" It is assumed that in thirty-nine years hence nearly fifty square miles of (confound him!) with a Large Cheap Tailor's Establishment. An- now open country about the Metropolis will be covered with houses for the

accommodation of the then population.noying, but lucky I discover it in time.

Besides the trouble and annoyance of visiting one's friends when

they choose to live in suburbs about fifty miles away from one, there A Dove in Duck's Plumage.

is the added nuisance foreshadowed by this estimate that in a few years

hence no Londoner can dream of taking country exercise, or of getting The Continental papers call the hoax_asserting that France had air to breathe which will be anything like fresh. At present there are proposed a general disarmament of the European Powers, the “dis- walks within a reasonable distance, through fields and lanes which are armament canard.” Should not canard be colombe?

not blackened yet by smoke. But in a score or so of years one will have to travel a score or so of miles before one will be able to look at a

green hedge. Houses, houses everywhere will be then the rule, and The Best Note PAPER.–Bank of England.

not a spot to walk on except the noisy streets.

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W

ITH Seasonable" weather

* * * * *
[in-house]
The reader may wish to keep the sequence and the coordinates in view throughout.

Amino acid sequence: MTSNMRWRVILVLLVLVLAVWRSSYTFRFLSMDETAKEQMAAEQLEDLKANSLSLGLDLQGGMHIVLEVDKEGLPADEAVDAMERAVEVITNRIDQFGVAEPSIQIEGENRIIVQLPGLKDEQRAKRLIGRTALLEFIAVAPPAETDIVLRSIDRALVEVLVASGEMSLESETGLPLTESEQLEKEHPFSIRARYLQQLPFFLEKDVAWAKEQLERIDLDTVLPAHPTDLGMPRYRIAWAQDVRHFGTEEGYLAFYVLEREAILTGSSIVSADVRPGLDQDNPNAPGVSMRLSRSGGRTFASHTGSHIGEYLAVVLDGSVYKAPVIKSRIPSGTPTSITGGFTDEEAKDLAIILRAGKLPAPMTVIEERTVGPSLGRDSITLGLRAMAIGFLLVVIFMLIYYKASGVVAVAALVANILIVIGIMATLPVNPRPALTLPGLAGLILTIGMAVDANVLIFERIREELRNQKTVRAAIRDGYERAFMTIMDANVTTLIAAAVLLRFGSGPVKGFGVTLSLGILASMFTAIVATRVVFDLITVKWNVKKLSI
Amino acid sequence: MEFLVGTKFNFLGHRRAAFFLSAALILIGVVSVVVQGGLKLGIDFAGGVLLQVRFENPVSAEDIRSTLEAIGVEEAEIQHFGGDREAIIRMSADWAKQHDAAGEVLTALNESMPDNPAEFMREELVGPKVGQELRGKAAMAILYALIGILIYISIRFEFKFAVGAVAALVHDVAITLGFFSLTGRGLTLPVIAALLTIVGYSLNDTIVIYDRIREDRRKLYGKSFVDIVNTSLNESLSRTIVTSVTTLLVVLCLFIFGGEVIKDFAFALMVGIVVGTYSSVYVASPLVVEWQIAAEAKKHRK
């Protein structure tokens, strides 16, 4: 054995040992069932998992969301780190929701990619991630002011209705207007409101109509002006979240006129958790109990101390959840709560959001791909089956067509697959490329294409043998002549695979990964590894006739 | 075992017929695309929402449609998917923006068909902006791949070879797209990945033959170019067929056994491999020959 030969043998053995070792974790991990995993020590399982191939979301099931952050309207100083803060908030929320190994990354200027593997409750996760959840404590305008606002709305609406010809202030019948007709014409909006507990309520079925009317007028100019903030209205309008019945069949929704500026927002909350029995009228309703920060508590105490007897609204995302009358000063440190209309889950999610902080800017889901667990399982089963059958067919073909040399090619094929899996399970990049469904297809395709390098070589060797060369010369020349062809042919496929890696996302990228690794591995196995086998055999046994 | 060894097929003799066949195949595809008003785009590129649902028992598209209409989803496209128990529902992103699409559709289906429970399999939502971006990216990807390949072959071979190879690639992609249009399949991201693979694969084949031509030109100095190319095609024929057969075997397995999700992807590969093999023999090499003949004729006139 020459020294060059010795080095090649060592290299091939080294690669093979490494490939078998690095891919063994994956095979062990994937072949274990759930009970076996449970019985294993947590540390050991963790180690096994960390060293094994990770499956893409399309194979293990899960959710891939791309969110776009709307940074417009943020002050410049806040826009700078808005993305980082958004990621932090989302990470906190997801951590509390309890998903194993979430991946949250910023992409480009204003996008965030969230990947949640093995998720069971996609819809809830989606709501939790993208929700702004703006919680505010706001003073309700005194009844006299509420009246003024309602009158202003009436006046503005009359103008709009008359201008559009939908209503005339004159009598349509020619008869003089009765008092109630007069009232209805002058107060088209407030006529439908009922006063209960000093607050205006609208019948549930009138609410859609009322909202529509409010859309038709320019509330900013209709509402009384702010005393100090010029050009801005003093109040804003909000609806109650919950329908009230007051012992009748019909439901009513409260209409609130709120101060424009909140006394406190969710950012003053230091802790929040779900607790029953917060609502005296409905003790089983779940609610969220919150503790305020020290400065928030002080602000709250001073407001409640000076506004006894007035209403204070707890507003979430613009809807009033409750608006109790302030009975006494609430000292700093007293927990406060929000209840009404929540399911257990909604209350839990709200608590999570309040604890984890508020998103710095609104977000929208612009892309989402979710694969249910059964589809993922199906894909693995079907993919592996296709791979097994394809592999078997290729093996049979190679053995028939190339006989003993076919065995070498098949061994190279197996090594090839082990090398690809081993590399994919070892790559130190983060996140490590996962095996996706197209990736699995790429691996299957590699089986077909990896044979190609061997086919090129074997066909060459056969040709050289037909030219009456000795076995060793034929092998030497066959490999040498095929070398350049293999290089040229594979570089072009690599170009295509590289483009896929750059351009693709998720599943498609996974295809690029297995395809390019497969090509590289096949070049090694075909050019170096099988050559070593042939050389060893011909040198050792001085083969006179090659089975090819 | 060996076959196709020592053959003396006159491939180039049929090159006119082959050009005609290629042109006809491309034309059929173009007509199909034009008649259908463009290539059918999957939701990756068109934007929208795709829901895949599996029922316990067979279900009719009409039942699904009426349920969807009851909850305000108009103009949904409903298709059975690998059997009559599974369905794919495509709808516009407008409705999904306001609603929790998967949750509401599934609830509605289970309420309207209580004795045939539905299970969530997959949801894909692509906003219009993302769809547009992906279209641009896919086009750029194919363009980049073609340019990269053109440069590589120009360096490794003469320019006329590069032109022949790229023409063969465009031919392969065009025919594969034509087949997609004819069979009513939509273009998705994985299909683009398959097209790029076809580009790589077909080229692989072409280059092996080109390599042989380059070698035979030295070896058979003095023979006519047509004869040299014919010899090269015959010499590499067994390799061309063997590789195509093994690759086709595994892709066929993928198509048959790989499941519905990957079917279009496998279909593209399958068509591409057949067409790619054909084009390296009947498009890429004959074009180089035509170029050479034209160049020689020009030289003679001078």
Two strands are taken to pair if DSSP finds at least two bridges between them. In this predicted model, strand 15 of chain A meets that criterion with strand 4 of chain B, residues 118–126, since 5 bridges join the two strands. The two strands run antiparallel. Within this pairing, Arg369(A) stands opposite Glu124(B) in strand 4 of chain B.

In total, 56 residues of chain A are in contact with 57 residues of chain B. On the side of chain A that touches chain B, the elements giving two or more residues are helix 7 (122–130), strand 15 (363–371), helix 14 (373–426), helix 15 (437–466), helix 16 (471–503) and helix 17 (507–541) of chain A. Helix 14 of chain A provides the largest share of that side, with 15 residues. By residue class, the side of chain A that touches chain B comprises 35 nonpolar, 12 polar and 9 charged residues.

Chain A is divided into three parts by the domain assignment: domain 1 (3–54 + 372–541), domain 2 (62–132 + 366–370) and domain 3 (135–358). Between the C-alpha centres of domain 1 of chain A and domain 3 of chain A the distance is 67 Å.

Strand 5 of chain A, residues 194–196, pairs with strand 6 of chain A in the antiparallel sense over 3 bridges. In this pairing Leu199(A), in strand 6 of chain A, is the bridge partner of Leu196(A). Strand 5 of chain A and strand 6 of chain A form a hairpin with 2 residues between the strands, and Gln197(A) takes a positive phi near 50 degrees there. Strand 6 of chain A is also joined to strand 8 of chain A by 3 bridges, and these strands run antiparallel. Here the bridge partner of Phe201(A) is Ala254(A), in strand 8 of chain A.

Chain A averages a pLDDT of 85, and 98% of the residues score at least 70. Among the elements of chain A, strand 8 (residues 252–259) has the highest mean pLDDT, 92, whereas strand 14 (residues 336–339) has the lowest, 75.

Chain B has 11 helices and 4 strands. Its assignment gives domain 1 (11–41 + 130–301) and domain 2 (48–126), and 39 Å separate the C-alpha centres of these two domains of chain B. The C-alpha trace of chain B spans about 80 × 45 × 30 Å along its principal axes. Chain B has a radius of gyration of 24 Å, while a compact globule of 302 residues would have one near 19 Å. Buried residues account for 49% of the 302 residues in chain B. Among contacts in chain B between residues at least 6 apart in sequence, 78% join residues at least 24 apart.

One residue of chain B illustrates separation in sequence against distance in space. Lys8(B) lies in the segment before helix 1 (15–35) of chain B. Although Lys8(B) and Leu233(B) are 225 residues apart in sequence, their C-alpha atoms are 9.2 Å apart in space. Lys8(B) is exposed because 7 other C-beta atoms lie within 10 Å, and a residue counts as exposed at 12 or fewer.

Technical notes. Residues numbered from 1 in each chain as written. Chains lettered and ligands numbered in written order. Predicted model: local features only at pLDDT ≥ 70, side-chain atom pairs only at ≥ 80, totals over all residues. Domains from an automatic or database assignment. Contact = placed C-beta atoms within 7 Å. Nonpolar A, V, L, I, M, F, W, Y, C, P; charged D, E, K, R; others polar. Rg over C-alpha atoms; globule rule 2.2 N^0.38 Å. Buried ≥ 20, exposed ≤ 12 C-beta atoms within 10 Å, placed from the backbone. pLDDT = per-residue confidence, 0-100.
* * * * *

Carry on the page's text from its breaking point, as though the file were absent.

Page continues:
Old Father Christmas starts.
If the frost that hardens roadways,

But help to soften hearts :

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If the chill, that gives a relish

To rich folk's warmth and cheer,
Reminds of those who've neither

Clothes nor coals, beef nor beer:
If the wind to wealth that whistles,

Enjoy furs, food, and flame,'
Whistle, by way of burden,

“And help Want to do the same :
If the frosty glow that tingles

From finger-top to nose,
Light the heart's central fire

That in kindly action glows:
Then the bitterer the frost-bite,

And the hoarier the rime,
The more seasonable weather

For the blessed Christmas time.

THE RAILWAY BLOCKHEAD

SYSTEM. UNDER the appropriate heading of “Railway Intelligence,” we see it announced that

The Midland Railway, will in future be worked on the block system.”

The block system ensures well nigh perfect safety from collisions, and is therefore vastly preferable to the stupid blockhead system which upon most railways has hitherto prevailed. The blockhead system has consisted in cutting down expenses to the very lowest point, and trusting to good fortune for escaping from bad accidents. The signals most in vogue upon the blockhead system have been signal inefficiency and signal want of common sense. Guards and drivers have been overworked, and pointsmen tired to death, and then accidents have happened and heavy damages have been paid. False economy has been the rule upon the blockhead system, and good dividends the exception, if the accounts have not been cooked.

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For the more it asks fulfilment

Of the law embodied then,
In the Saviour's “ Peace on earth,

And goodwill towards men.”